Being more empathetic and compassionate
I understand what empathy and compassion are and believe I have always had these traits, but to a somewhat limited degree. As a result of my personal cancer experience, I'm feeling these emotions at a deeper level. It's one thing to know someone is in pain; it's completely different to actually feel that pain.
Having had my own pain during the past seven years, I can now more easily feel the pain of others. I have also had some wonderful role models, who showed me empathy and compassion during this cancer journey. I still have a ways to go here, but I do believe it's making me a better person.
Supporting cancer research
A friend recently volunteered to make a donation to a research program at MD Anderson. My siblings have made donations to my cancer center. One of them even asked her co-workers to make donations to my cancer center. I, too, have made financial contributions and hope to do more in the future. I believe the research I support will ultimately lead to improved prevention, early detection and the treatment of head and neck cancer.
In 1971, President Richard Nixon declared "The War on Cancer." I see first hand the promise of personalized cancer treatment. I understand, at some level, the human genome project, the cancer genome atlas, and have read articles on the decreasing cost and increased accuracy of DNA sequencing. A revolution is taking place in this 41-year-old war.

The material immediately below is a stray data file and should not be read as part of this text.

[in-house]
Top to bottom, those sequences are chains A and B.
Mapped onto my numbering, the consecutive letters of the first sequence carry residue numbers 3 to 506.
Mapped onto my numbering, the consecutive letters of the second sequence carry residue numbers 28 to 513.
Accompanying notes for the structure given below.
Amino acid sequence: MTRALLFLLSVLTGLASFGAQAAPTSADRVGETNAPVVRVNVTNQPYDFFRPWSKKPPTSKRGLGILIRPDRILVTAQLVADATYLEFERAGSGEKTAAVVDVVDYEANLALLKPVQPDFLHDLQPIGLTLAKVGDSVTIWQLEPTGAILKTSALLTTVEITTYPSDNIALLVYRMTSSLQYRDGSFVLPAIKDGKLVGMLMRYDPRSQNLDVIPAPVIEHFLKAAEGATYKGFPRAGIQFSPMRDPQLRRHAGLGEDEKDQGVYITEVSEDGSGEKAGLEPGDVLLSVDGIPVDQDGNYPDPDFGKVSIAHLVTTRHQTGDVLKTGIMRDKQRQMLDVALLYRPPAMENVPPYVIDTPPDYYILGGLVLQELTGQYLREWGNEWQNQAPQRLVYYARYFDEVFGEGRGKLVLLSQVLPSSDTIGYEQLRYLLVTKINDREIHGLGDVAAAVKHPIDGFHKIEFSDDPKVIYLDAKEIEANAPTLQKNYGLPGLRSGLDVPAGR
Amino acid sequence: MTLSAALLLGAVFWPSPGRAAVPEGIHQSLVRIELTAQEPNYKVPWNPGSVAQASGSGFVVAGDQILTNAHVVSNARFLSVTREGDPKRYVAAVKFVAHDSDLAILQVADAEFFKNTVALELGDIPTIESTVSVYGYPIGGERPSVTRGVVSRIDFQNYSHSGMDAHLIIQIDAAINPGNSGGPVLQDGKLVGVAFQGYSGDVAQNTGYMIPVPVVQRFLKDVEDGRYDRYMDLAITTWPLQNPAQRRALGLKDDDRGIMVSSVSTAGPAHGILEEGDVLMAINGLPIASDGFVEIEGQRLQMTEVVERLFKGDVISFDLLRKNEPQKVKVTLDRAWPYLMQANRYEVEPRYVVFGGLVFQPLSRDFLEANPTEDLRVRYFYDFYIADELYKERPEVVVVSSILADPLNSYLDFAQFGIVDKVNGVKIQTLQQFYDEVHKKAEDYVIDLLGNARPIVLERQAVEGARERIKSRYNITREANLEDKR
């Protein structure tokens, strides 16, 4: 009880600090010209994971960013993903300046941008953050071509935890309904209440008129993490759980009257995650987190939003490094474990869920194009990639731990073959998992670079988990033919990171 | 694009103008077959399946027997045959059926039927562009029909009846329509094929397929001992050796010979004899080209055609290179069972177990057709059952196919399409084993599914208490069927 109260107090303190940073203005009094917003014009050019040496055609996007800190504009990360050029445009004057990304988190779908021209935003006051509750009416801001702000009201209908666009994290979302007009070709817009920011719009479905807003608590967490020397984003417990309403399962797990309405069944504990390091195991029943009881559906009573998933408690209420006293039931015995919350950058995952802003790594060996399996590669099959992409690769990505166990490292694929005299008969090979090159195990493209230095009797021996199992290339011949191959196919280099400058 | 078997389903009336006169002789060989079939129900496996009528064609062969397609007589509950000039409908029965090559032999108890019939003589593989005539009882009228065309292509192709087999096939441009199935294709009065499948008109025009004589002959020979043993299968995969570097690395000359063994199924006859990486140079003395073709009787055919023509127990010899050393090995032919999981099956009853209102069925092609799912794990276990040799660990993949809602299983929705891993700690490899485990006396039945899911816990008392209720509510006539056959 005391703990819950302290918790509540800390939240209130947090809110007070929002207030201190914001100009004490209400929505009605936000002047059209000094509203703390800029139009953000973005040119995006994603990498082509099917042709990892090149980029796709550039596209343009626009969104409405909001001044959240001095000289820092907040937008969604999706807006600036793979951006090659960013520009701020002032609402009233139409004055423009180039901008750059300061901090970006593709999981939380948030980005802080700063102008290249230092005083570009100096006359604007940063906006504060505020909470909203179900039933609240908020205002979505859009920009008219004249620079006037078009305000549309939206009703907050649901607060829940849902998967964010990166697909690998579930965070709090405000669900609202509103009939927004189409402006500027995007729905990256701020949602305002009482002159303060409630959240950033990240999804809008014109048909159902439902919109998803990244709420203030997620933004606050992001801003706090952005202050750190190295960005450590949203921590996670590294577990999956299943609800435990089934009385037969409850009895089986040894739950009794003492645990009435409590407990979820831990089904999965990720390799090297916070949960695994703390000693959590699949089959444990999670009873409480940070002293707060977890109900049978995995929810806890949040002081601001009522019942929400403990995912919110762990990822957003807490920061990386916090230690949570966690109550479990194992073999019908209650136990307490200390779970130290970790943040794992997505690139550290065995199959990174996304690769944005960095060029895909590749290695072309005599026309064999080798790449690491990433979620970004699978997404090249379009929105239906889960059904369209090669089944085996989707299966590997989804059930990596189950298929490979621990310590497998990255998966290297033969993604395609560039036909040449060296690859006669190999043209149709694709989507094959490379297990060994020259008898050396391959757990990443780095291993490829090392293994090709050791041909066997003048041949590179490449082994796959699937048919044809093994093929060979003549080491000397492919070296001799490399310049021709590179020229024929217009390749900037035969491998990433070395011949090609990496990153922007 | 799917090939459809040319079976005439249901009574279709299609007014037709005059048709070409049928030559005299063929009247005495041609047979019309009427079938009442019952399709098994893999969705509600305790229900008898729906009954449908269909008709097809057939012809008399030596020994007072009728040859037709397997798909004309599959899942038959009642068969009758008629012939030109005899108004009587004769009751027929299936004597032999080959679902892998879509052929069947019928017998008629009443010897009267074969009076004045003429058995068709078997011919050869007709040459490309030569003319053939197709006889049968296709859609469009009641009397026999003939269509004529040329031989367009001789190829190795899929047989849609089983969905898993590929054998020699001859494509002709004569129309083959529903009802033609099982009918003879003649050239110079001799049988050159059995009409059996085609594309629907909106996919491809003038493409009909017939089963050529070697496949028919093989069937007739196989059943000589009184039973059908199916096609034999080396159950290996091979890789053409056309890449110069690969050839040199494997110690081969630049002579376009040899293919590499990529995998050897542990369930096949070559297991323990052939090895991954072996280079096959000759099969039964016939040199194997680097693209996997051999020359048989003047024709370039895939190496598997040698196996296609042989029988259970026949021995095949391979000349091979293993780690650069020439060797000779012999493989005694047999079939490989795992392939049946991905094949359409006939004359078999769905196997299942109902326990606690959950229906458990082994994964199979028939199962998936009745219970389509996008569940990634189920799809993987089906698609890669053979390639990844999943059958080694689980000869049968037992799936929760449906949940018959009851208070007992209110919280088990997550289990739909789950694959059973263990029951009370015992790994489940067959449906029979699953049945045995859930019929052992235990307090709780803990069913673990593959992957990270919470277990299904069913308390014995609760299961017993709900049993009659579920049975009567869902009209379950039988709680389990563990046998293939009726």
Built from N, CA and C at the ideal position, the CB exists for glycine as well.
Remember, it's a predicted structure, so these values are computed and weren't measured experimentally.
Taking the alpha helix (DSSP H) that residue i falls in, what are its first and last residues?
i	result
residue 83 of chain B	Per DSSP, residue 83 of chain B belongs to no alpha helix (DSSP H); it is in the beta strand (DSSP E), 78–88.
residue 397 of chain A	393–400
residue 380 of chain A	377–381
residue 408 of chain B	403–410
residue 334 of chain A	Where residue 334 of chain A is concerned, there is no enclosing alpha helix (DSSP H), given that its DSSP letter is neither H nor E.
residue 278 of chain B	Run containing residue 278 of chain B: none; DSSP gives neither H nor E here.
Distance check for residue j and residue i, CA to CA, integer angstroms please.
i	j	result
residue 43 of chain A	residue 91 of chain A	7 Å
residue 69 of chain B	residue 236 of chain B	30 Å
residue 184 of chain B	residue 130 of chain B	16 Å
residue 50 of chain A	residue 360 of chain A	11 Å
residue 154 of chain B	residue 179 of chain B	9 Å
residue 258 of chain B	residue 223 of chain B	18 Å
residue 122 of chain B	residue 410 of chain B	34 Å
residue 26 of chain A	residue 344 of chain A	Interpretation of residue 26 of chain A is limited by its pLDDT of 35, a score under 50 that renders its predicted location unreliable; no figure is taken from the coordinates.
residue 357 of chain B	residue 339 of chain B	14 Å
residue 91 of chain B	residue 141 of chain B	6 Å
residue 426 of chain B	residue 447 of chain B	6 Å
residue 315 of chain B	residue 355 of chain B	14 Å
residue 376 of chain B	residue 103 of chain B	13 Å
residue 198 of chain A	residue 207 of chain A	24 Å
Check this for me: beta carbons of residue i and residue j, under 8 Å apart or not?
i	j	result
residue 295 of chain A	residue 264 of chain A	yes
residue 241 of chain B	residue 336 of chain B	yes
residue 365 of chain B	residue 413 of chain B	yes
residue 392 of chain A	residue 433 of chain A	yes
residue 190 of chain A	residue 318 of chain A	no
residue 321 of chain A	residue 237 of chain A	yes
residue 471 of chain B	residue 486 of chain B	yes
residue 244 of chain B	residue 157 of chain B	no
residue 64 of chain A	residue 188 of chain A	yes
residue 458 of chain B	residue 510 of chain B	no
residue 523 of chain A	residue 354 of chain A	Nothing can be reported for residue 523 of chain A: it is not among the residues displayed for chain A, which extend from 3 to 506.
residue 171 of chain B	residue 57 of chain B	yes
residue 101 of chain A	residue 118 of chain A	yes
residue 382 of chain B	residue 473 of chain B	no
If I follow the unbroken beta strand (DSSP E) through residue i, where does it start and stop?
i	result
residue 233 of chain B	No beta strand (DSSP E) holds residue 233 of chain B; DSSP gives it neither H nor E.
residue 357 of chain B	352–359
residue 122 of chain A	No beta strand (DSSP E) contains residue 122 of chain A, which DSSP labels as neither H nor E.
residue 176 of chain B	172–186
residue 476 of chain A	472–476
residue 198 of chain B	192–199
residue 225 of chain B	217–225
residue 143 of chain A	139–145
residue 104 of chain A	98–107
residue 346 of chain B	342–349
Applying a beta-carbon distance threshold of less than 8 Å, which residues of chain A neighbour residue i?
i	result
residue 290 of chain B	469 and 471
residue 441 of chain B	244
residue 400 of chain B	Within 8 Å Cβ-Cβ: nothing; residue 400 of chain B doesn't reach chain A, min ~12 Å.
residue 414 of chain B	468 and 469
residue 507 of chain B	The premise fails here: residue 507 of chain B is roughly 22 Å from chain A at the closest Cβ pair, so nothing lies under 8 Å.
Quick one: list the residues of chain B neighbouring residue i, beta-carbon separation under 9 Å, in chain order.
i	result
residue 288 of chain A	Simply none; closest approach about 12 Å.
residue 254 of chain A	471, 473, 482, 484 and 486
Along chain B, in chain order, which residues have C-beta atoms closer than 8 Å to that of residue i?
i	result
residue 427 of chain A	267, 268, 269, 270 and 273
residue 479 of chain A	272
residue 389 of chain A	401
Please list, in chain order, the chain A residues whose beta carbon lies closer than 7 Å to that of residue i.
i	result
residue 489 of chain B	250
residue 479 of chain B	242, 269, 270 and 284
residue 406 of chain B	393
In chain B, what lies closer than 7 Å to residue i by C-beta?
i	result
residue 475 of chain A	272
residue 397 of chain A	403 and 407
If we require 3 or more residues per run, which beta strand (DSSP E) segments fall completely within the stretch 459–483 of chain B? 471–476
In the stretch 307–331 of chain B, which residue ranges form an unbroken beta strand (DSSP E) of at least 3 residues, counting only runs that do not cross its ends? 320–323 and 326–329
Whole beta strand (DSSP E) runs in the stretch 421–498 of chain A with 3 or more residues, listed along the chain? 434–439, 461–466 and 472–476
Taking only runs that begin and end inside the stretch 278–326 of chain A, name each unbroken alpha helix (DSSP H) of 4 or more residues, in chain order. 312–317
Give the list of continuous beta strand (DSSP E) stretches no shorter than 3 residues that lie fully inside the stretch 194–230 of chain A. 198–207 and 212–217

However, the economy is soft and reduced funding is hindering progress. I'd like to ask you to make a donation to cancer research. It doesn't have to be my cancer center. It doesn't have to be a lot. It doesn't even have to be in the United States (many other countries are doing remarkable research). If you're reading this blog post, there's a good chance that cancer has touched your life. Do what you can and make a contribution today and help cure this terrible disease.
I know it's a cliché, but I'm also trying to be more forgiving. No details are necessary here, but it's one more area where reinventing myself is making me a better person. This, like the other changes I'm trying to make in my "second chance" life, is a work in progress.
A disclaimer seems appropriate here. I'm not lowering the expectation of others or myself, I'm just letting go of the trivial.
I write about my learnings with the hope that you'll take something away from them, whether it's to be more proactive in making a positive difference, helping a friend in need or taking into deeper consideration the needs of our global community.